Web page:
Father Maxwell Halahan – Cowes/Southsea


Father Maxwell Halahan – Cowes/Southsea

From the link: http://ukpaedos-exposed.com/2012/08/18/maxwell-halahan-cowessouthsea/

Father Maxwell Halahan

Father Maxwell Halahan

 

THE victim of a former Isle of Wight priest’s sex abuse has been awarded a £200,000 settlement from the Church of England to help him rebuild his shattered life.

The former choirboy received compensation from the church after suffering abuse in the 1970s at the hands of Father Maxwell Halahan at St Faith’s Church in Cowes.

It was not until 2011 that Halahan, then aged 81, was jailed for three years.

He had maintained his innocence to the last — putting his victim through the ordeal of having to give evidence in court.

The victim, who was in court to see Halahan jailed and said he hoped it sent a message to paedophiles that, no matter how historic the case, the law would catch up with them, instructed expert child abuse lawyers at Irwin Mitchell.

Now in his 40s, he was just eight years old when Halahan began sexually abusing him in the nearby vicarage.

The victim said he then went off the rails, resulting in a three-month spell in a detention centre when he was 15.

“When I left, my relationship with my mum was so bad that I couldn’t return home and because I couldn’t hold down a job, I was forced to sleep rough for several months. I had hit rock bottom,” he said.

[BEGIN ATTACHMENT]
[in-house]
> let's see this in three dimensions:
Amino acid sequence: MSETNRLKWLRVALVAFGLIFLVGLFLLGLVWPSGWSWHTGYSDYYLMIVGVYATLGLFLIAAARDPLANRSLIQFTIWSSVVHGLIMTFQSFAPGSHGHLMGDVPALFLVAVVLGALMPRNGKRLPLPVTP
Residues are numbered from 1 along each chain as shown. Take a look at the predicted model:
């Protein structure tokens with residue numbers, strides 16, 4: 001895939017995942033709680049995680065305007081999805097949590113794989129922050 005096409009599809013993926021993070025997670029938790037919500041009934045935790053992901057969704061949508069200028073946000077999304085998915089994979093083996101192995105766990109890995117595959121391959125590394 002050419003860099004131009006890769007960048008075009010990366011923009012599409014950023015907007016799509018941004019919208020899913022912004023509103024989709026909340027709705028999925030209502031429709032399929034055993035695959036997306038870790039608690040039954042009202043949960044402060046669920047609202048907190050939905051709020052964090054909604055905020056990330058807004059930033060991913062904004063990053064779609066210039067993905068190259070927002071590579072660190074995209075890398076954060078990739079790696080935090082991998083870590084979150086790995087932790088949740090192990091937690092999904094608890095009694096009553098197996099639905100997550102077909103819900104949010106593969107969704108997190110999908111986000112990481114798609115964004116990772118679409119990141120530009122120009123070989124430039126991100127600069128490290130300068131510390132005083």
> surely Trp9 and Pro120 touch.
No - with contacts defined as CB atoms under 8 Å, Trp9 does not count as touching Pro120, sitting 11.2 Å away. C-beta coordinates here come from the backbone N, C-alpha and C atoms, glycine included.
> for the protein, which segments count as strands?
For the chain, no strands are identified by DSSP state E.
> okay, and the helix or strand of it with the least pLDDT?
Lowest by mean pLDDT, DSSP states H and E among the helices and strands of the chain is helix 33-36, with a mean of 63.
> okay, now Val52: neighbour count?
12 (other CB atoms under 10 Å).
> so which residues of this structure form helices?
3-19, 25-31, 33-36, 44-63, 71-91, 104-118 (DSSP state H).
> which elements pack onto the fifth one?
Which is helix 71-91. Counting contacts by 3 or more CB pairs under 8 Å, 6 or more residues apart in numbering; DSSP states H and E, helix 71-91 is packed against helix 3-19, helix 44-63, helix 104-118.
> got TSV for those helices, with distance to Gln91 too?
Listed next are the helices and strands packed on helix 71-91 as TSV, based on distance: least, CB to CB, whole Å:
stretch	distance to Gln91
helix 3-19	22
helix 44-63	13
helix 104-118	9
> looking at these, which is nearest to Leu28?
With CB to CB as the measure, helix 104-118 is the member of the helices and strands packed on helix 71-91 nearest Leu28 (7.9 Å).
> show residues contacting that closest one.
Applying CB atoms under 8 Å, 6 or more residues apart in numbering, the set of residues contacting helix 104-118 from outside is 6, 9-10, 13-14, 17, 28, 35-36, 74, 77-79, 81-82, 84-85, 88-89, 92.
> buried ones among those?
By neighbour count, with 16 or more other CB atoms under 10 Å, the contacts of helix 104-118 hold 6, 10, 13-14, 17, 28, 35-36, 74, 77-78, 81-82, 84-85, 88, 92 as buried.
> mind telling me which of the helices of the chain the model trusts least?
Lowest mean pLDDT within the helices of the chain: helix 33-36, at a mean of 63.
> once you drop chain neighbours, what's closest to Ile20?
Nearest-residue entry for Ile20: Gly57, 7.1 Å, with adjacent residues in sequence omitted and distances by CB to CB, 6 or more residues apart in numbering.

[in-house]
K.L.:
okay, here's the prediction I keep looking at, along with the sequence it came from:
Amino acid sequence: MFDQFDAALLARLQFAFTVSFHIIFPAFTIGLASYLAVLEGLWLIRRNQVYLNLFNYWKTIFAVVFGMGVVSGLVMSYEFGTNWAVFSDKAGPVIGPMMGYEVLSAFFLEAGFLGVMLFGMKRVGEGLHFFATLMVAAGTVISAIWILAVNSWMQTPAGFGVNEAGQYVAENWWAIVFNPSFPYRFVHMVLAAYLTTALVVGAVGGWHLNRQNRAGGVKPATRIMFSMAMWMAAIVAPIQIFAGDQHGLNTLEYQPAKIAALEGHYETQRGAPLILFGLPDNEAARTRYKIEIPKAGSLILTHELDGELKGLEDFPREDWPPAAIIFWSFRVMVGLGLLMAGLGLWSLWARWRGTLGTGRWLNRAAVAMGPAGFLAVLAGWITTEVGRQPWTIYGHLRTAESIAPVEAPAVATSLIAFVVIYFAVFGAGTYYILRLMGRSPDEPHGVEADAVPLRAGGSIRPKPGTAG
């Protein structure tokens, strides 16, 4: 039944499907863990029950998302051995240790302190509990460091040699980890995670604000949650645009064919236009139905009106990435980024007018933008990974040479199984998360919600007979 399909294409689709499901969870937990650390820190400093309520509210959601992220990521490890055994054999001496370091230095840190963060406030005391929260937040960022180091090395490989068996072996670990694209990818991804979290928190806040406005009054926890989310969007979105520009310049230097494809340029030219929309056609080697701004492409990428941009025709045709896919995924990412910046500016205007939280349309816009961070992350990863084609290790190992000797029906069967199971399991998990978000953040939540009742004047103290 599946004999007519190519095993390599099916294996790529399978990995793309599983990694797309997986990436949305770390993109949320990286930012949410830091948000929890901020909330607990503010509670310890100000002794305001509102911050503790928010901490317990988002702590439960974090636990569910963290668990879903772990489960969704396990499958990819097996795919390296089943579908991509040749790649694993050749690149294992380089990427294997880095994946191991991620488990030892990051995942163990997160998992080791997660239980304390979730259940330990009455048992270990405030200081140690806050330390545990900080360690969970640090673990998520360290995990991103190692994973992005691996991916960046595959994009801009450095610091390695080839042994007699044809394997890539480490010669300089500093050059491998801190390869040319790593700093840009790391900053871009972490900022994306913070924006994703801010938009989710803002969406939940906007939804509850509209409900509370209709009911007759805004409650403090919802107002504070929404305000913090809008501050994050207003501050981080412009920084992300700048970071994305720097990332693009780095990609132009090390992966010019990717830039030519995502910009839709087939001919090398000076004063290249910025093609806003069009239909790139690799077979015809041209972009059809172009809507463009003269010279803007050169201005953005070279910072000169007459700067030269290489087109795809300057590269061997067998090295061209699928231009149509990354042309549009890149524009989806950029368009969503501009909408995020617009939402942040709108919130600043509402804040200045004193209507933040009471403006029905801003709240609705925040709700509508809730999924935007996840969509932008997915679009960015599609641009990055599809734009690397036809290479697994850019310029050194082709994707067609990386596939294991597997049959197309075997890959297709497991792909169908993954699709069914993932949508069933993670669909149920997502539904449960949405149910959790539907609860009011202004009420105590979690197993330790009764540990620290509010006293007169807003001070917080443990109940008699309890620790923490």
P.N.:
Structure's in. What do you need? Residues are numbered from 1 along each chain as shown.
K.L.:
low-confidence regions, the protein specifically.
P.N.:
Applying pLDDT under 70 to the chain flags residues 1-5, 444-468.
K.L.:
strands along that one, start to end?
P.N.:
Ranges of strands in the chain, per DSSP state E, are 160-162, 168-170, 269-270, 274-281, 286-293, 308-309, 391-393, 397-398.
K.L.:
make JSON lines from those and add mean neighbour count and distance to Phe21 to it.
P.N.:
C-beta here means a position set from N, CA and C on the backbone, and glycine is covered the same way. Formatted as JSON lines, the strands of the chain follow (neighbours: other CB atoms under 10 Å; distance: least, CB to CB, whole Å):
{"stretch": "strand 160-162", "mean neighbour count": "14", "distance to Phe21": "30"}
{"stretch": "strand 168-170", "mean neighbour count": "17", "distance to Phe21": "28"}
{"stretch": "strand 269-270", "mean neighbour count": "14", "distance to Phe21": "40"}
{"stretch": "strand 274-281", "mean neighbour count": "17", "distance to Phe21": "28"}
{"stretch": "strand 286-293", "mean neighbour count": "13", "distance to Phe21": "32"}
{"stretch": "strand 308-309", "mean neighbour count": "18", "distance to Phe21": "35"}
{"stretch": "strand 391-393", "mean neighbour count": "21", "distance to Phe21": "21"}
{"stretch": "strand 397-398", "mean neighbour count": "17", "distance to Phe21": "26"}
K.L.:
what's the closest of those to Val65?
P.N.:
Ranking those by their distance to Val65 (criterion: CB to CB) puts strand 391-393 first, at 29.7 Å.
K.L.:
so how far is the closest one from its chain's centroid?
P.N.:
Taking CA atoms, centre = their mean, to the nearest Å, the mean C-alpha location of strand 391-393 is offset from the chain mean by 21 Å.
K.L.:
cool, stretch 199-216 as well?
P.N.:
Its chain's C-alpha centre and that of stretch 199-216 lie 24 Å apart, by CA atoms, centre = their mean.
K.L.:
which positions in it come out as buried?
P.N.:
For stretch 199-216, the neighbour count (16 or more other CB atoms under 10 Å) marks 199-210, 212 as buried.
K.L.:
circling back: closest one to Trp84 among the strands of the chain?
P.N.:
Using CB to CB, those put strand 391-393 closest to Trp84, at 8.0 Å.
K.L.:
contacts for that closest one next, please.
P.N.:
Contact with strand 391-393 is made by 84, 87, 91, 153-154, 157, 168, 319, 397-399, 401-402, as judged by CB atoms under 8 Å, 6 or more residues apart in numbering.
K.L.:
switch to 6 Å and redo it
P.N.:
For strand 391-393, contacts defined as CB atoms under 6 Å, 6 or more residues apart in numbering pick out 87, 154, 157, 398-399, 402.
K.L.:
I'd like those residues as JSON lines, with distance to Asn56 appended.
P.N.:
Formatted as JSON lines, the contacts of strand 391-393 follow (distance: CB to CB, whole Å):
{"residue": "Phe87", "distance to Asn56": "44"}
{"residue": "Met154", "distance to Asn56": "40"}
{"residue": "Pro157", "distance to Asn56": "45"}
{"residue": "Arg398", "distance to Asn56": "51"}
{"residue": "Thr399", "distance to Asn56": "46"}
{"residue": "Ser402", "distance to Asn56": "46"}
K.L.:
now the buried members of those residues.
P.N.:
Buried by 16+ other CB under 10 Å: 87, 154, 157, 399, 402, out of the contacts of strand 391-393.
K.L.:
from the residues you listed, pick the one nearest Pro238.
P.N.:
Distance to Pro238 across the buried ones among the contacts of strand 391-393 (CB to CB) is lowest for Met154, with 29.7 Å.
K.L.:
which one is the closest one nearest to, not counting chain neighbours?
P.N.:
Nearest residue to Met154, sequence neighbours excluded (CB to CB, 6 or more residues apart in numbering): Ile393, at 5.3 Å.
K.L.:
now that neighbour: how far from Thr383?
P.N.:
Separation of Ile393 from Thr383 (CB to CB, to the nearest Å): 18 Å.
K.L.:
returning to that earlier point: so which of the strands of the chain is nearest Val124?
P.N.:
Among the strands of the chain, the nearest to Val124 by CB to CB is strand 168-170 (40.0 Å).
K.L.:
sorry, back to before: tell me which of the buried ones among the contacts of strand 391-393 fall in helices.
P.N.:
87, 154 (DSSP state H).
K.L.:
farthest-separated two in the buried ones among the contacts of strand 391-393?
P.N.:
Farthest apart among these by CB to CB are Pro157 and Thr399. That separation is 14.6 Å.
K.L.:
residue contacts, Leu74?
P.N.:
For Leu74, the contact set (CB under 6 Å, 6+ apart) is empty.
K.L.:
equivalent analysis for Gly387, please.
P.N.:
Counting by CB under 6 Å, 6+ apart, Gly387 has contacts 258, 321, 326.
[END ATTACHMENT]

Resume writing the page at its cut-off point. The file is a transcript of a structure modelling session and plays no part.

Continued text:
He had numerous different jobs throughout his 20s and 30s, married and had two children, but the relationship did not work out and the abuse he had suffered continued to haunt him, leaving him regularly depressed and unable to concentrate, according to Irwin Mitchell.

Now remarried, he said: “In 2010 I plucked up the courage to go to the police because I realised he could still be out there putting other children through the same horrendous ordeal.

“Although nothing can make up for the horror of what that vile man put me through and the effects it has had on my life, the settlement does

finally give me some closure and I can concentrate on getting the best possible psychological support to try to rebuild my life.”

Bishop of Portsmouth, the Rt Rev Christopher Foster, spoke this week of his personal sadness and how the Church of England had changed in the years since the abuse took place.

He said: “I was deeply saddened to hear of what happened in this case. Abusive behaviour is wholly wrong, offends all our values and should never happen.

“So, when Max Halahan was found guilty of this abuse, I acted to deprive him of his priestly ministry for life.